Have you seen this trailer? If not, I'll wait for you. Watch it first.

I won't quote any movie description or anything from IMDb. I'll tell you everything that I thought about what I saw.


I didn't know about this movie until 3 hours earlier. We thought we'd be picking Paranormal Activity, but since the screentime was very late, we picked Snowpiercer instead. The critic rating scored a very high 4.5 compared to the user rating which was almost 5 in score. Verdict: why so high? let's watch this instead.

The movie was quite long at around 2hours of screen time. However, it didn't really give me much time to criticize it or even ponder at the next turn of events. The plot was very new, very unique. Imagine an entire humanity inside a very long, self sustaining train.

However, a skewed government inside the train makes humanity no longer about humans. Nothing about it was really humane. The story revolves around an impending revolt from the population at the tail of the train. They wanted to take over the engine, which was very sacred to the humanity's survival.

Chris Evans, as Curtis leads the revolution. Their mastermind was Gilliam, an old man who used to be good friends with Wilford, the train maker, the engine guardian.

To understand the intricacies of the story, you'll first need to understand that the train was the entire society, the last population of humanity saved from the onset of a global catastrophe which froze the entire Earth. The train is about 50 cars long (more or less). Imagine compartmentalizing the different social activities and basic necessities in a number of cars strategically placed against other cars.

A car for a greenhouse, for water supply, for shops, for healthcare, for disco, for swimming, for getting high.. go figure! The train was really built for sustaining different aspects of life as we know it (however skewed).

The tail end was the least kept, least maintained. It is dark, crowded and dirty. Food and water is scarce. Nobody gets to shower! Phew! The tail population is well monitoried so that their number doesn't go over the required count for balance. Imagine a rat population control, done to humans.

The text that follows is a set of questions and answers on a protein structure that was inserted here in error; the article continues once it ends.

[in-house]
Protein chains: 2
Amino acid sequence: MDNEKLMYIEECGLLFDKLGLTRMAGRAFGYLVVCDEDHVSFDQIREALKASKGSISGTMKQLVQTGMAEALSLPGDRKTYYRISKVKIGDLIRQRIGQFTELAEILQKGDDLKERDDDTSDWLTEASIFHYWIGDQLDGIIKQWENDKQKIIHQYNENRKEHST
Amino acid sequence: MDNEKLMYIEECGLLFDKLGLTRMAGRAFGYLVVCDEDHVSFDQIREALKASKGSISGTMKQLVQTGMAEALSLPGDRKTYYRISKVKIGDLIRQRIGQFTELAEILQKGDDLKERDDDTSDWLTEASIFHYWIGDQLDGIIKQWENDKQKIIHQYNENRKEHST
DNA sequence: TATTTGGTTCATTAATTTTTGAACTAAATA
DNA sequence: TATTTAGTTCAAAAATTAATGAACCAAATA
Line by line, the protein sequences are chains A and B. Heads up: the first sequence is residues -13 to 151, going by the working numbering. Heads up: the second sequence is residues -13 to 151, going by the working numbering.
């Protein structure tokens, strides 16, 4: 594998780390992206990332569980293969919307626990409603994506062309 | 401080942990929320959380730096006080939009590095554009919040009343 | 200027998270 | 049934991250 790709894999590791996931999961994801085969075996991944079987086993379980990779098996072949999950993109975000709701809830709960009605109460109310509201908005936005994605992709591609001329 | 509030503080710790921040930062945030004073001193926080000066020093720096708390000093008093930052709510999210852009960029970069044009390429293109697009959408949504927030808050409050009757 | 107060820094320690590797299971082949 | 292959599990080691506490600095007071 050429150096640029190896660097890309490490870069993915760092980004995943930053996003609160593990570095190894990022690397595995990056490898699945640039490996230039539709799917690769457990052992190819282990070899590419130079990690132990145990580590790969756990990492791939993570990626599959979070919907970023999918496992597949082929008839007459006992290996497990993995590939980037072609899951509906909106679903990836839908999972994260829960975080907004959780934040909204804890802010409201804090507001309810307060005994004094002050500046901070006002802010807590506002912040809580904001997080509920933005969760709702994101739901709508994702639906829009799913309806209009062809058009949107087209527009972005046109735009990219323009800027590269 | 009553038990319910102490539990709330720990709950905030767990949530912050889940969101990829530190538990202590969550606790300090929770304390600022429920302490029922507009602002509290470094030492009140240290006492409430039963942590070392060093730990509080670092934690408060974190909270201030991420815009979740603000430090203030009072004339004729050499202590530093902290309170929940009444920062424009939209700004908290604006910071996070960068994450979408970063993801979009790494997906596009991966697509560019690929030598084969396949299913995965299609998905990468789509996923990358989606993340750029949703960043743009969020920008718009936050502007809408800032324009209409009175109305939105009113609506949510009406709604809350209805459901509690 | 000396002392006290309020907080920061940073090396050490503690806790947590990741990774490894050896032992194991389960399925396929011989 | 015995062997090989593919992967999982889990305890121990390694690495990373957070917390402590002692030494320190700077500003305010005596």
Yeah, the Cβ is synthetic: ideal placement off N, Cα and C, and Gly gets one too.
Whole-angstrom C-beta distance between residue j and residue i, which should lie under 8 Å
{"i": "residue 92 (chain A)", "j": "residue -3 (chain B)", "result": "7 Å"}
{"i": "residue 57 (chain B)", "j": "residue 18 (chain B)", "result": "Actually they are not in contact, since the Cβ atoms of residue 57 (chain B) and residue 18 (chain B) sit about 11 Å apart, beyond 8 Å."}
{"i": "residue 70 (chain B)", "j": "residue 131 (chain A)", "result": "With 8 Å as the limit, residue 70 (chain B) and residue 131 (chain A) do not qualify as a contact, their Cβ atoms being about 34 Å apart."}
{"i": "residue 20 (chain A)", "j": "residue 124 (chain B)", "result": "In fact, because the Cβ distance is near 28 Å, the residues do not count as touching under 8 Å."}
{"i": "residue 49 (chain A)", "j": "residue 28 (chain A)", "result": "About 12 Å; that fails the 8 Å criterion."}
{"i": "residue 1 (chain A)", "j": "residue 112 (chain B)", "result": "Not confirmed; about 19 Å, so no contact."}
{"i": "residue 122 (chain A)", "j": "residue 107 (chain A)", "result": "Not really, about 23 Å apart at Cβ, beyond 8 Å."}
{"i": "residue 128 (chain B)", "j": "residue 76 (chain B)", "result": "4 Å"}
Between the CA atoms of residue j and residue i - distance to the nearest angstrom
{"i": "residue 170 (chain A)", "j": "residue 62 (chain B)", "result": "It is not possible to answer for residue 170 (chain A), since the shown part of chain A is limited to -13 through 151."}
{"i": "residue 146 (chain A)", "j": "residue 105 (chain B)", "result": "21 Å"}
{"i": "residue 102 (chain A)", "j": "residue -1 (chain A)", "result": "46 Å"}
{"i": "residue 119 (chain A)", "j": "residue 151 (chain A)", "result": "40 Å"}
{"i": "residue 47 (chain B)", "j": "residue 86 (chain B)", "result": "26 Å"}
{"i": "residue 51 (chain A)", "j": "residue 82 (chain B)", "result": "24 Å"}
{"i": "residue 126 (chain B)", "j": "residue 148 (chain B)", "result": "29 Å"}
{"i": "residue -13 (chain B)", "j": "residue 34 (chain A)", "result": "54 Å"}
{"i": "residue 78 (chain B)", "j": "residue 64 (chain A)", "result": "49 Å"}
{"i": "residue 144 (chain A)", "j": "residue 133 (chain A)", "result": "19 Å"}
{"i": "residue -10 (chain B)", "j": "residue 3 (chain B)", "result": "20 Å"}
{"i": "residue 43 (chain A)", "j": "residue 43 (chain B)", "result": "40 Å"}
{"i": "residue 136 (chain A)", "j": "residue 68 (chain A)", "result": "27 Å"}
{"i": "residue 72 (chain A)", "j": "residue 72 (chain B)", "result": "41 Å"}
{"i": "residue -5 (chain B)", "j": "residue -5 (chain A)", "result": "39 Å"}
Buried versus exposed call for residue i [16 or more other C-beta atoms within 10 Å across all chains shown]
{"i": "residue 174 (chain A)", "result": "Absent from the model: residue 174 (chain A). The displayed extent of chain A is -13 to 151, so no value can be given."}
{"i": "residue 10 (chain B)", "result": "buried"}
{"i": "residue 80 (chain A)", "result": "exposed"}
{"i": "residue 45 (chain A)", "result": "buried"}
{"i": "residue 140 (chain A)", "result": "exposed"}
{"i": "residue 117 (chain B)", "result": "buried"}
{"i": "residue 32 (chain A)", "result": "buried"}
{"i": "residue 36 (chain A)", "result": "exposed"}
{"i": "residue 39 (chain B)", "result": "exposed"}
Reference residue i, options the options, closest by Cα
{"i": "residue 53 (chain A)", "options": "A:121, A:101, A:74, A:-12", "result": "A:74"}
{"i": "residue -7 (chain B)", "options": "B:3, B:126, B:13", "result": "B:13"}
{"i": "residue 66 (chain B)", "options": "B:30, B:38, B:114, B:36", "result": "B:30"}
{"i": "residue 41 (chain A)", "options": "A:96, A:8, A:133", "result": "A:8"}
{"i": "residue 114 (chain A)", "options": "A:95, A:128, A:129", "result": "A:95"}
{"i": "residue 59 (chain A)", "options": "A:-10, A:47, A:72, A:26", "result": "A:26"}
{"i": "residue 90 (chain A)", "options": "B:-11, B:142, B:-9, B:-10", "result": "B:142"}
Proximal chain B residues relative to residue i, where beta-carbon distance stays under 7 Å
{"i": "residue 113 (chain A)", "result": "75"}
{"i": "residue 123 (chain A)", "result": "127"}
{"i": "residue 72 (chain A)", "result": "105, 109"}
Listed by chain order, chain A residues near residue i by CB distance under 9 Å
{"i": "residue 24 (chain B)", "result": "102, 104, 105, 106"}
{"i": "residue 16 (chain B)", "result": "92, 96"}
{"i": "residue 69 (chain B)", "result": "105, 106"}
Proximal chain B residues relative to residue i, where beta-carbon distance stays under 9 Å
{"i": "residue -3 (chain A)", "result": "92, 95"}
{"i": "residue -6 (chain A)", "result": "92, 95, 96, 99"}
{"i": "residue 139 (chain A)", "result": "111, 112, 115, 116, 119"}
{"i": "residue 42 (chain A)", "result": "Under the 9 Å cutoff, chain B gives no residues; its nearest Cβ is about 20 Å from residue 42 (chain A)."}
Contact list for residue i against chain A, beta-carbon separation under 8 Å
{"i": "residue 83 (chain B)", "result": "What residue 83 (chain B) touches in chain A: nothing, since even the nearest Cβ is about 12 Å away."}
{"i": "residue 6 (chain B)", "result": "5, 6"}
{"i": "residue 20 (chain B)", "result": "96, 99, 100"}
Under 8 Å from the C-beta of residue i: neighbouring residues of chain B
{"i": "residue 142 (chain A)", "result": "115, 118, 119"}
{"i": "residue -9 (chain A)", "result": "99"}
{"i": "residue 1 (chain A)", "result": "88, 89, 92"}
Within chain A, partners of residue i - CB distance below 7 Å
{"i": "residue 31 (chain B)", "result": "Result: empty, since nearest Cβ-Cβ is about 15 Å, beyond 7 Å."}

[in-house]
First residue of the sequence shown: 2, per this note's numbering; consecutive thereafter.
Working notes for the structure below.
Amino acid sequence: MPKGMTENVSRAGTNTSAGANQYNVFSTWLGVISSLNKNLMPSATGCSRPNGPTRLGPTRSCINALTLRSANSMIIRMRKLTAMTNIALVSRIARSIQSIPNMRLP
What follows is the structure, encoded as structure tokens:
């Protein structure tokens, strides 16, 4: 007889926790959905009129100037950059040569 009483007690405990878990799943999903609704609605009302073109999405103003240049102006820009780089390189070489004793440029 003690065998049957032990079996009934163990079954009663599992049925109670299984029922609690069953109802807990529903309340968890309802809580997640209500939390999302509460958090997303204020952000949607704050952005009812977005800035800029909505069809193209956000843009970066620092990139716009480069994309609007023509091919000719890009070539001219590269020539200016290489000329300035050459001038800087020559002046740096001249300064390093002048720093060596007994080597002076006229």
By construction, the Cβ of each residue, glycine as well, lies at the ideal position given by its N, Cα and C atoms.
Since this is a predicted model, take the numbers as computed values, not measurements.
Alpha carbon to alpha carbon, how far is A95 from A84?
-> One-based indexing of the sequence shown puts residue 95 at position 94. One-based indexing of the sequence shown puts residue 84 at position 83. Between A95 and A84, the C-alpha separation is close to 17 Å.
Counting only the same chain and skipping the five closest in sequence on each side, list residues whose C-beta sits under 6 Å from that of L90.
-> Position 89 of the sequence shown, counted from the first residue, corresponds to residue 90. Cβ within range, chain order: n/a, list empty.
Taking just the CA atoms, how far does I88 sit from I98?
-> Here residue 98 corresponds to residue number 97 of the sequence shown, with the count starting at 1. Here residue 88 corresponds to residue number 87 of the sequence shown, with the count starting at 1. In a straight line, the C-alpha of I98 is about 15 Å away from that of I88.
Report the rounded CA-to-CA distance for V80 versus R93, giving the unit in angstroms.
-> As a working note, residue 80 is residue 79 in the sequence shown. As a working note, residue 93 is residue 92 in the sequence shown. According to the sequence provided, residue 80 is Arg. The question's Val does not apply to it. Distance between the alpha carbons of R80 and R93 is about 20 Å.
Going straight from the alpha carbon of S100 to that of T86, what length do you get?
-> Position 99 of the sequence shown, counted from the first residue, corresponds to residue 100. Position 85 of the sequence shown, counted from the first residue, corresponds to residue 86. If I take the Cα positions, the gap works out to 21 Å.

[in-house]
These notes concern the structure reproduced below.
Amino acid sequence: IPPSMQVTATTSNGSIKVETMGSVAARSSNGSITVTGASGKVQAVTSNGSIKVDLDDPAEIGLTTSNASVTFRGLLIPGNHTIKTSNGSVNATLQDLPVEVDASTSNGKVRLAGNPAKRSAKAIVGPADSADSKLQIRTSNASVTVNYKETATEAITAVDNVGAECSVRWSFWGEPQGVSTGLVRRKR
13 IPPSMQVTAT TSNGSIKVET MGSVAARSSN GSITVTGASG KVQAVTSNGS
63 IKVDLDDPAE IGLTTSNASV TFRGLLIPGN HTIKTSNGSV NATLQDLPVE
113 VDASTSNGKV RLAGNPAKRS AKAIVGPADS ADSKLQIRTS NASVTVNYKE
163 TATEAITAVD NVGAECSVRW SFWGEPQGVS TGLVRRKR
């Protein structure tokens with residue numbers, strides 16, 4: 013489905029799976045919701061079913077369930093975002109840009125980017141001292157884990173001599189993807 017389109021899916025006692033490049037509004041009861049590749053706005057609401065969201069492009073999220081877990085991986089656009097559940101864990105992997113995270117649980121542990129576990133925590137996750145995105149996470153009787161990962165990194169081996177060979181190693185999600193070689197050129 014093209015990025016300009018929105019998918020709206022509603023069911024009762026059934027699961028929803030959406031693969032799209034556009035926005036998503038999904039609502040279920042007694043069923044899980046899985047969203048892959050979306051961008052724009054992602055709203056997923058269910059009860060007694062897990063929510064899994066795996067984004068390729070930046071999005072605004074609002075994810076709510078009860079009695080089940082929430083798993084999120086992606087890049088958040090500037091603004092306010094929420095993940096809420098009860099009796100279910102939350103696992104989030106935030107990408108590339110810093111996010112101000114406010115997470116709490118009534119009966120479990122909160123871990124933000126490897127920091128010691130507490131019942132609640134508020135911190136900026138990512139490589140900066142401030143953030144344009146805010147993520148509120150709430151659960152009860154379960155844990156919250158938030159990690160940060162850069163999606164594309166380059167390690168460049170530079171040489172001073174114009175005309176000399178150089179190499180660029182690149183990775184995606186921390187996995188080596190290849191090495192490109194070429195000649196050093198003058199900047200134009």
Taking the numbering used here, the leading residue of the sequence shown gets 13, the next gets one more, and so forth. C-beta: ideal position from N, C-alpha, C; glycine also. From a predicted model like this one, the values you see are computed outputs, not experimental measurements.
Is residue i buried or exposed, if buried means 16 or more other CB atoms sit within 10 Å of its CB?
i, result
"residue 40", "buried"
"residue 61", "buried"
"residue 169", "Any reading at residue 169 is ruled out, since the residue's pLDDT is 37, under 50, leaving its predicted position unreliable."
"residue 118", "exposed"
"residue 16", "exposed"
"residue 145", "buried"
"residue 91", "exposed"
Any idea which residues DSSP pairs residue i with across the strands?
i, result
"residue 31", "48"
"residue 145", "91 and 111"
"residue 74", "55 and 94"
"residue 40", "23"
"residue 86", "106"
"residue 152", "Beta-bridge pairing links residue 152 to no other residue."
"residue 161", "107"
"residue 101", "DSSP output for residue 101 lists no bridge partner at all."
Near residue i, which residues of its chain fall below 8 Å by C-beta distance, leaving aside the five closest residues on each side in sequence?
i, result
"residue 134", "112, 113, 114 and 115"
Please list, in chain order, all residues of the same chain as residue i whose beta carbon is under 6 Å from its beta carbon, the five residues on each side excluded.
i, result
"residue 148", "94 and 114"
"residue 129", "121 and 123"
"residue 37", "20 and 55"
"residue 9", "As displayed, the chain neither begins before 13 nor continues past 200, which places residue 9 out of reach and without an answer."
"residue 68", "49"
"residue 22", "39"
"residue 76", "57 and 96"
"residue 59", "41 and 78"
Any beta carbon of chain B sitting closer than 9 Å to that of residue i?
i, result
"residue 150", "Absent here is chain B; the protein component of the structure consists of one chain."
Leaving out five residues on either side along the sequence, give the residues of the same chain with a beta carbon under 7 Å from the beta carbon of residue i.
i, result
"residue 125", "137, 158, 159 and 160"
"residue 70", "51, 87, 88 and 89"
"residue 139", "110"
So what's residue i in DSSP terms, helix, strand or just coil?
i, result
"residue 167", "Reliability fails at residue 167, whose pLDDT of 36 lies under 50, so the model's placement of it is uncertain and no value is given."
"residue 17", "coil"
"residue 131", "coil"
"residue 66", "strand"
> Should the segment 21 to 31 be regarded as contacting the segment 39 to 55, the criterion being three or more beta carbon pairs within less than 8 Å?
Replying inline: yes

Children were taken from the tail and brought to the engine. They are placed inside the floor, so only children below age of five were fit to that small space; and spend their days there, replacing required parts for the engine.

Curtis and the others who joined the revolution were slowly losing comrades, but there were more losses from the head. Gilliam lost his life as punishment for the imbalance.

If I have not best described inhumanity as of yet, the surprising twist of the story would really hurt your perception of the current world and how it compares to the train.

The tail end people ate protein bars which were made from cockroaches! Ground to their last bit and piece to form a jelly bar. No water, this is the only thing that sustained them. In the early days that they were put inside the train, they were left there without food. Curtis and the others had to eat human flesh to survive.

To me, the story is highly comparable to our concept of life, survival, humanity, heaven & hell and probably even the government. The tail and the end symbolized the alpha and the omega; heaven and hell.

The revelation that Wilford and Gilliam were friends came as a shock to me. They were in their post to keep the balance to everything. Balance. Even if it meant cutting their arm and influencing the thoughts of a man in order to groom them for a new role in the train.

How could one man's idea of free will be so convoluted? You probably wouldn't know. How will you ever react to hearing that you never seem to have had free wil from Day 1? How can your passion turn to be just some 'balance-keeping' plan? Is this how heaven & hell work? Like a good cop-bad cop tandem and watch everyone else in between fall along their roles?

I couldn't imagine the truth to this story could be just one inch of an exaggeration from what is already happening in our times. We don't need a train to see how skewed our lifestyles are (poor vs rich), or the privileges that we get based on our social status. Even the concept of wrong and right based on privilege of birth?

This movie, it didn't give me a chance to blink, nor to glance at my watch. Why couldn't I predict the next scene to take place? I just sat there, waiting to take in the next piece of information.

Kudos to the storywriters! Kudos to the director. The cast were stellar in their acting. While inside the train, you'll really feel inside it, like how they felt. A prisoner, maltreated, unprivileged, outcast--dying to get respect and become equal with the rest.

Ending? Without the train (without the skewed government), there's life.

A polar bear sees a human for the first time. "What is that?", it says.

Watch this movie and let your thoughts wander. What were your lessons? How did it affect you? Did it pierce you hard enough?